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Sharing the Load

Clear Agreements
Once you come together on basic principles, agreements about actions are pretty straightforward, especially when you use the negotiation skills you've already learned. Here are some practical solutions that have helped many families, including those in which the parents are already sharing the load fairly and the real issue is only how to work together even better.

Apply organizational principles. A family is an organization, and many of the same approaches used in other organizations will work in your home as well. First, you could create a base schedule that guides your week, knowing that you'll almost never stick to it perfectly. For example, if you're staying home while your husband works, he could agree to get home by 6:30 most nights and you'd agree to have already fed the kids so you two can have dinner together.

In your base schedule, build in breaks that are fair for each of you. One dad said to Rick: My wife gets Wednesday night "off," while I take care of the kids. I'll get up early on a weekend morning and go for a hike with a buddy, getting back by 12 or so. I think about that hike all week, like she thinks about what she'll do Wednesday night. It's a lifesaver.

But be sure to take your break when it comes! Many mothers feel like they have to overcome an invisible gravitational field to lift out of their orbit around their children. Remember that you deserve and need this time to yourself, and that your children will benefit from a reinvigorated mother when you get back. You might also arrange to take some of your time off with your kids as long as your husband assumes the major responsibility for caring for them. For example, Rick's idea of a dream vacation is a trip to the mountains with a buddy and no kids, while Jan's is a week in the sun somewhere - with her children nearby while Rick watches them.

Second, we suggest you distinguish between responsibility, which you both share for the family's overall well-being, and individual accountability for specific tasks. Then create a basic understanding of what you are each accountable for:

Who does what when? You could write it down, and if you have to, post it. Just walk through your day mentally and think about what would help things go well. Could you get the kids dressed while he showers, and then he feeds them while you shower? Would he rather clean up after dinner or put the kids to bed? Should you pick up take-out food on Tuesday nights? The details are usually not that hard: most of it is just being good roommates, and there are many tips for a smoothly running household in women's magazines or various books.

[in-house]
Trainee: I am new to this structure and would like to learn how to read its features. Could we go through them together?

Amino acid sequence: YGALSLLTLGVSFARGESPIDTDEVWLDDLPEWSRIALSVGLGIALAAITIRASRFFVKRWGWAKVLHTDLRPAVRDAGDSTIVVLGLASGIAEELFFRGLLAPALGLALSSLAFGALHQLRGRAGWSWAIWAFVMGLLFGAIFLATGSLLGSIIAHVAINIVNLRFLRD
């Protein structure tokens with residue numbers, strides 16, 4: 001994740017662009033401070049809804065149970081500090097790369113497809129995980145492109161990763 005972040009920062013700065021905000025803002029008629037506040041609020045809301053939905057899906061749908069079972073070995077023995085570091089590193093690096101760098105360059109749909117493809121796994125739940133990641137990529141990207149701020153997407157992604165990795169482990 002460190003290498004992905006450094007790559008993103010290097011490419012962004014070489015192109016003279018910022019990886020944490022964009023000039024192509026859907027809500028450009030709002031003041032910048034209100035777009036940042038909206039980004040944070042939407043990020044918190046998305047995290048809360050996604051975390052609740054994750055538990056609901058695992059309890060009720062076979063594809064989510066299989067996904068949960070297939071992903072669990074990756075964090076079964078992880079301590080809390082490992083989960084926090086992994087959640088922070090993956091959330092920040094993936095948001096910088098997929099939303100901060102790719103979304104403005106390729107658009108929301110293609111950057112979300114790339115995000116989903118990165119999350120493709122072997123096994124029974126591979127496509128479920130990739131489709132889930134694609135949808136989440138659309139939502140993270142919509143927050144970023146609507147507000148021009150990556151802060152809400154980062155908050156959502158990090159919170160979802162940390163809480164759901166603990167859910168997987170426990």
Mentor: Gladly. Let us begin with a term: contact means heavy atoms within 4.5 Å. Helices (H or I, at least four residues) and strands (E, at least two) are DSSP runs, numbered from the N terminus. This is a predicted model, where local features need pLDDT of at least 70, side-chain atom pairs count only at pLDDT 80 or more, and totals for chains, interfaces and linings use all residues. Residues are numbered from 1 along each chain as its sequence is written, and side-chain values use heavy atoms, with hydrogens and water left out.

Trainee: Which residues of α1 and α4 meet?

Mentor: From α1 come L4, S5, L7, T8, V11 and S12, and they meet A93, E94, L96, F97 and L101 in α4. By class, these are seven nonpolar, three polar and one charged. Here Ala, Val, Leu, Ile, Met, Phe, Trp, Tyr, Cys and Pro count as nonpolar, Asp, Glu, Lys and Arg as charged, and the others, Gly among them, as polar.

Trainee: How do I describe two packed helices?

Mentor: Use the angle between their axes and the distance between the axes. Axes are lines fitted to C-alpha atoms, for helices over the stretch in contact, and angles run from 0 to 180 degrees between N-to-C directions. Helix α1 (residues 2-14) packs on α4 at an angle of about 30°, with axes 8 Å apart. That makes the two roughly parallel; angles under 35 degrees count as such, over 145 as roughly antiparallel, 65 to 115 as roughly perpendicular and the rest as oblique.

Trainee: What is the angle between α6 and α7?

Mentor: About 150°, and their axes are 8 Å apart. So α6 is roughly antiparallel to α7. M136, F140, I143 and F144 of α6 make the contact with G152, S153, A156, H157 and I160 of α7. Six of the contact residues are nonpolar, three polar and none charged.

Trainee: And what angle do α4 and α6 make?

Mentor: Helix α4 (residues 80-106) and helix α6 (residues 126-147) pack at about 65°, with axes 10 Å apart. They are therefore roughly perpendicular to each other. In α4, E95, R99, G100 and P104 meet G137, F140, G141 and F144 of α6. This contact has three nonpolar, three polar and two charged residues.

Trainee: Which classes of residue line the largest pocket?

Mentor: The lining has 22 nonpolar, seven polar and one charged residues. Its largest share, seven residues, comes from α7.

Coordinate with each other. Check in before making plans like committing to a golf date for the weekend. Rick and Jan got a big lesson in this just a few days after their first child was born, and Jan describes what happened: Our good friend. Bob, was coming to visit, and Rick mentioned they were going sailing Saturday. I was dead tired already and asked in disbelief, "You're going to leave me home alone for a day with a baby while you play around?" Rick was startled. In the past, he'd go off with a friend, and it was no big deal. But now what he did really affected the baby and me, and he had to take us into account. He took a long, slow breath and it was like a lightbulb went on. Then he said, "You're right. Now I need to ask."

Keep things in perspective. It's the overall performance that matters. Nobody's perfect, and overreacting to small lapses can undermine a general spirit of cooperation. See if you can let your husband do housework his way; for example, unless dishes are getting broken each night, don't hassle him about how he loads the dishwasher. As a general rule, let the person who is doing the task be in charge of how it gets done.

Try to be flexible and creative for the greater good, which includes him feeling positive about being fully involved in child care and housework and you feeling less stressed. If he suggests paper plates for most weeknights, maybe that's not so crazy. Perhaps you both can live with a semimessy kitchen until Saturday morning, when you spend an hour together cleaning it up, drinking some coffee, and talking.

Children are passionately unpredictable in their nature, so it's a good idea to cut each other some slack. For example, a mother told this story: We were going somewhere, and I was getting Marion ready while Frank was on the phone. He came in and snapped at me because we were running late. He hates that, and he is Mr. Punctuality at work. But a child doesn't always follow a schedule. He should know that, because if he's the one trying to get her to cooperate, we never leave on time! Or better yet, step in and help out instead of judging the other parents performance.

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From Mother Nurture: A Mother's Guide to Health in Body, Mind, and Intimate Relationships by Rick Hansen, Jan Hansen, and Ricki Pollycove. Copyright © 2002 by Rick Hanson. Jan Hanson, and Ricki Pollycove. Used by arrangement with Viking Penguin, a member of Penguin Group (USA) Inc.

To order this book visit amazon.


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